The Allium group of plants include about 800 species. There are only a few that are known as edible crops and these have been grown for centuries to add flavour and goodness to food. The main Alliums that we are familiar with are onions, garlic, leeks, and spring onions and chives.
When to Plant
Most Alliums are best planted around the shortest day and harvested around the longest day. Although this is a good guide, the season is greatly extended when planted progressively from April to September depending on the region.
The main onions grown in the home garden are the red, white and brown onions.
Onion seed can be sown in beds or seed trays and transplanted when the seedlings are 10cm or so high. They should be planted 10-15cm apart in rows 20 to 30cm apart. Buying onions as seedlings in punnets is a convenient way to begin your onion growing. The seedlings are laid on the ground and the roots are just covered with soil. They will right themselves to be upright within a few days.
The onions will be ready to harvest in six to eight months. They are ready when the tops die off and the leaves dry and fall over. After they are pulled out they should be left in the sun for a few days. When the skin is quite dry the top is screwed off and the roots rubbed off. They can then be stored in wire baskets or mesh bags in a cool dry place.
Leeks are easy to grow. Leeks can be planted from seedlings or sown in a seed tray and planted out after about 6 weeks. They have the mildest and sweetest flavour of the onion family, and there are lots of ways you can enjoy them in cooking.
Begin to harvest in 15 -18 weeks once they are large enough to use. Leeks can be left in the ground for a long period so do not need to be all harvested at once.
Garlic is grown for its pungent bulb. It is easy to grow and is popular in kitchen creations.
Garlic cloves are available to be planted during autumn and winter for harvesting in late spring-summer. Plant in a nice sunny position with well-draining soil. Garlic plants are not ready to harvest for 7-8 months so choose a spot that will not interfere with the planting of other crops.
Planting Garlic Cloves
1- Separate the cloves and plant the largest ones into moist soil, 15 cm apart. Push them in, pointy end up, until they sit just below ground level.
2- Apply a slow-release fertiliser at planting and again three months later. In spring, apply a nitrogen-based fertiliser to fatten out the bulbs.
3- Don’t water the soil until the cloves have germinated, which should be about two weeks after planting. Water often enough to keep the soil moist but not cold and sodden.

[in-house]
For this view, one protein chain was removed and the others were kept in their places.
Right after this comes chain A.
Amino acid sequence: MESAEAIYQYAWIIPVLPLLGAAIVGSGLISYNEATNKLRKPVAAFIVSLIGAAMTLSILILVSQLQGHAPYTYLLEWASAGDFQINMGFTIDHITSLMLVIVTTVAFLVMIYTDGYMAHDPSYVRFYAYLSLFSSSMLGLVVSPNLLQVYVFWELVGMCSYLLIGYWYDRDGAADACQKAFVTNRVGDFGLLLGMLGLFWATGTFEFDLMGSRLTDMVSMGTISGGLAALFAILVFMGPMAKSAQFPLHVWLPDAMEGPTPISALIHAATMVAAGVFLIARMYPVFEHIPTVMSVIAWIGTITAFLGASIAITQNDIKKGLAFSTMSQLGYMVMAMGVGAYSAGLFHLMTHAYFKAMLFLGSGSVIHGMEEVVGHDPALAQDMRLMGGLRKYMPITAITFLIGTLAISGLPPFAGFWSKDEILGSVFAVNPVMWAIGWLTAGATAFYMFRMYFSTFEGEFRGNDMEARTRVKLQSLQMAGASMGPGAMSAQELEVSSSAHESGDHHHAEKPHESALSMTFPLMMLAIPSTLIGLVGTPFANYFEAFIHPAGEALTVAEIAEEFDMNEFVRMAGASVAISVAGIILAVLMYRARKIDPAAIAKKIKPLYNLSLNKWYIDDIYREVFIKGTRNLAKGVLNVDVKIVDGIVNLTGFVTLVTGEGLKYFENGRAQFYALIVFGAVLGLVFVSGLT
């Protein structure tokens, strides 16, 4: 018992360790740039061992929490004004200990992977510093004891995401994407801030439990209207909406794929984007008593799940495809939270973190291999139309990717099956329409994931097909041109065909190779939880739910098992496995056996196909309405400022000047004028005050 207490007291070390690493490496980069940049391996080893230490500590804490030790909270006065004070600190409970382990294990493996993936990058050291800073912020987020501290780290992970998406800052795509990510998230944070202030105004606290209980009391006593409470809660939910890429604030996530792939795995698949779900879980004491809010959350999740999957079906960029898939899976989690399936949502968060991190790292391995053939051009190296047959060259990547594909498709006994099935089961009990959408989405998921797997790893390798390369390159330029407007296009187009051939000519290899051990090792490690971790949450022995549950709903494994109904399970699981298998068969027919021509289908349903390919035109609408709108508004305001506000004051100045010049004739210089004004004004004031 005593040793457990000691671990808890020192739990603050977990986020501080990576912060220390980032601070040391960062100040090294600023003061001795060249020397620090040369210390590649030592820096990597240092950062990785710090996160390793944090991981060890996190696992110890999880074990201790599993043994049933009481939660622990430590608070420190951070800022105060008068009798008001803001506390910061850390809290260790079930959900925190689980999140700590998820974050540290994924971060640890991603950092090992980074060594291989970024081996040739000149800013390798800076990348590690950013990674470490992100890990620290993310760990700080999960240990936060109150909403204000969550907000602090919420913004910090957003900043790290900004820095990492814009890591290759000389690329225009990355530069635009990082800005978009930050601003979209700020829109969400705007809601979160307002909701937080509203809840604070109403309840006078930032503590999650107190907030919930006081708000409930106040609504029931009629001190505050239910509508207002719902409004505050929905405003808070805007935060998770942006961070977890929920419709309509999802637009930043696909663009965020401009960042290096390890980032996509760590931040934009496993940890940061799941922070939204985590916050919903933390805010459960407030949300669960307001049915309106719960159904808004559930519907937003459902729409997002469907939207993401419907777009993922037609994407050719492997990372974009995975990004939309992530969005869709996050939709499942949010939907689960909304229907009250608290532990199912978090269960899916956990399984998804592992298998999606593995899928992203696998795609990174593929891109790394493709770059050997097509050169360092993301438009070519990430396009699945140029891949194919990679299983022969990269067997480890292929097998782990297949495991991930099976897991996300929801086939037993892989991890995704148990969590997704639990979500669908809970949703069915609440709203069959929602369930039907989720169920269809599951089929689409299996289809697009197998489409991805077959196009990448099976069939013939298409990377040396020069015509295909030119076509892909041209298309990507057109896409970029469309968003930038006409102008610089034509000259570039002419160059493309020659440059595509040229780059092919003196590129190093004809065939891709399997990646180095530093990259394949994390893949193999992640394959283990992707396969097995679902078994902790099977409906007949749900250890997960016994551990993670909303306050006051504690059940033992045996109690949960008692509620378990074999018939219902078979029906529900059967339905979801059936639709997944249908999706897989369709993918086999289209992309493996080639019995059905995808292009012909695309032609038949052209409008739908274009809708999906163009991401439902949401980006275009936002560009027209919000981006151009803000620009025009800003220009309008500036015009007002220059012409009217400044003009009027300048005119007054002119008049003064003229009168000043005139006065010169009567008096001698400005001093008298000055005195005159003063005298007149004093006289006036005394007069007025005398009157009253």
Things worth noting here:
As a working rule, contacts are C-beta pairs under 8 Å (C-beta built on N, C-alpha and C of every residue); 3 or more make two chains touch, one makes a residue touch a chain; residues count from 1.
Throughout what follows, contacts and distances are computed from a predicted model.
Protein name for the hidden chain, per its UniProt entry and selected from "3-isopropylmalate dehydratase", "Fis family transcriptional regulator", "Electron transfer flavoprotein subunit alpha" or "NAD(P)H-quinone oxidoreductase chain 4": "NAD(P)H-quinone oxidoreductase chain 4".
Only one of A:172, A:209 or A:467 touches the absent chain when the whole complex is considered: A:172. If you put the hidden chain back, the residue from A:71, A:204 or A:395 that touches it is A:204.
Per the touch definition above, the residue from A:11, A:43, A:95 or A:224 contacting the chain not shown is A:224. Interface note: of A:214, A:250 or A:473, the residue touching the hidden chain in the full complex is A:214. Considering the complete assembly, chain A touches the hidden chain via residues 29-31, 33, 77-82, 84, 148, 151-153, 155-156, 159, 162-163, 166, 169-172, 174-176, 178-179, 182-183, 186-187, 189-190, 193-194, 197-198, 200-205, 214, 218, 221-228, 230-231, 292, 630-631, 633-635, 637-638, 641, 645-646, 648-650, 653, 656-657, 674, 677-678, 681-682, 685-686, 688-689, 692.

4- Mulching helps to control weeds and to keep the soil moist. Apply about 3cm of mulch such as straw or sugarcane mulch.
Garlic plants are ready to harvest once the leaves change from green to brown and the flower stems begin to soften. Mostly the garlic bulbs are close to the surface and easily pulled out by the leaves. A garden fork may be needed to loosen the bulbs if they are a little deeper. Hang harvested garlic in a dry position with good air flow to allow bulbs to ‘harden’ and leaves to dry. Garlic can be stored in a dark, dry place for about 6 months.
Unlike the normal globe onions, Spring Onions are grown for their slender white stems and leaves. They still have small edible bulbs and the entire plant is filled with flavour and goodness. Spring Onions can be grown all year but they do enjoy the cooler months.
Spring Onions are easy to grow in the home garden. They do not need lots of space and are suitable to grow in pots and containers. They can be grown from seeds or purchased as seedlings or in small pots ready to plant. Spring Onions can be planted nice and close at 5mm apart. Harvest begins in 8 to 12 weeks. Spring Onions are not dried before use. Harvest, remove dry leaves to expose the white stems, remove roots, wash and use.
Chives are a great herb to grow in the home garden. There are so many great uses for the easy to harvest and tasty stems that give a fresh dash of green colour and mild onion flavour to salads, dishes and soups.
The two species of chives commonly grown in home gardens are common chives and garlic chives.
Common chives consist of clumps of small, slender bulbs that produce thin, tubular, blue-green leaves reaching 25cm – 35cm in height. The flowers are also edible and may be white, pink, purple, or red, depending on the variety.
Garlic chives look similar to common chives, but leaves are flatter, greener, and they grow to about 50cm in height. As their name suggests, their leaves have a mild garlic flavour. Flowers are white and are larger and less densely clustered than those of common chives. Garlic chives are not quite as cold hardy as common chives.
When planting Chives, plant in a clump with seedlings about 10cm – 15cm apart. Chives are easy to grow and are drought tolerant but consistent watering through the drier months will ensure lots of fresh and tasty stems to harvest. Chives are shallow growing plants and regular mulching will conserve water and help to control weeds. Use a good, organic, high nitrogen fertiliser in late spring to maintain good production for summer feasting. Divide chive clumps every few years to give plenty of room for fresh, new growth.
Although most Alliums are in the garden for long periods of time, they not only supply a reliable source of tasty and goodness filled food for the household, but they look fantastic as they do this.
The information provided in this blog post is general. To find out more information more specific to your location please contact your closest contributor.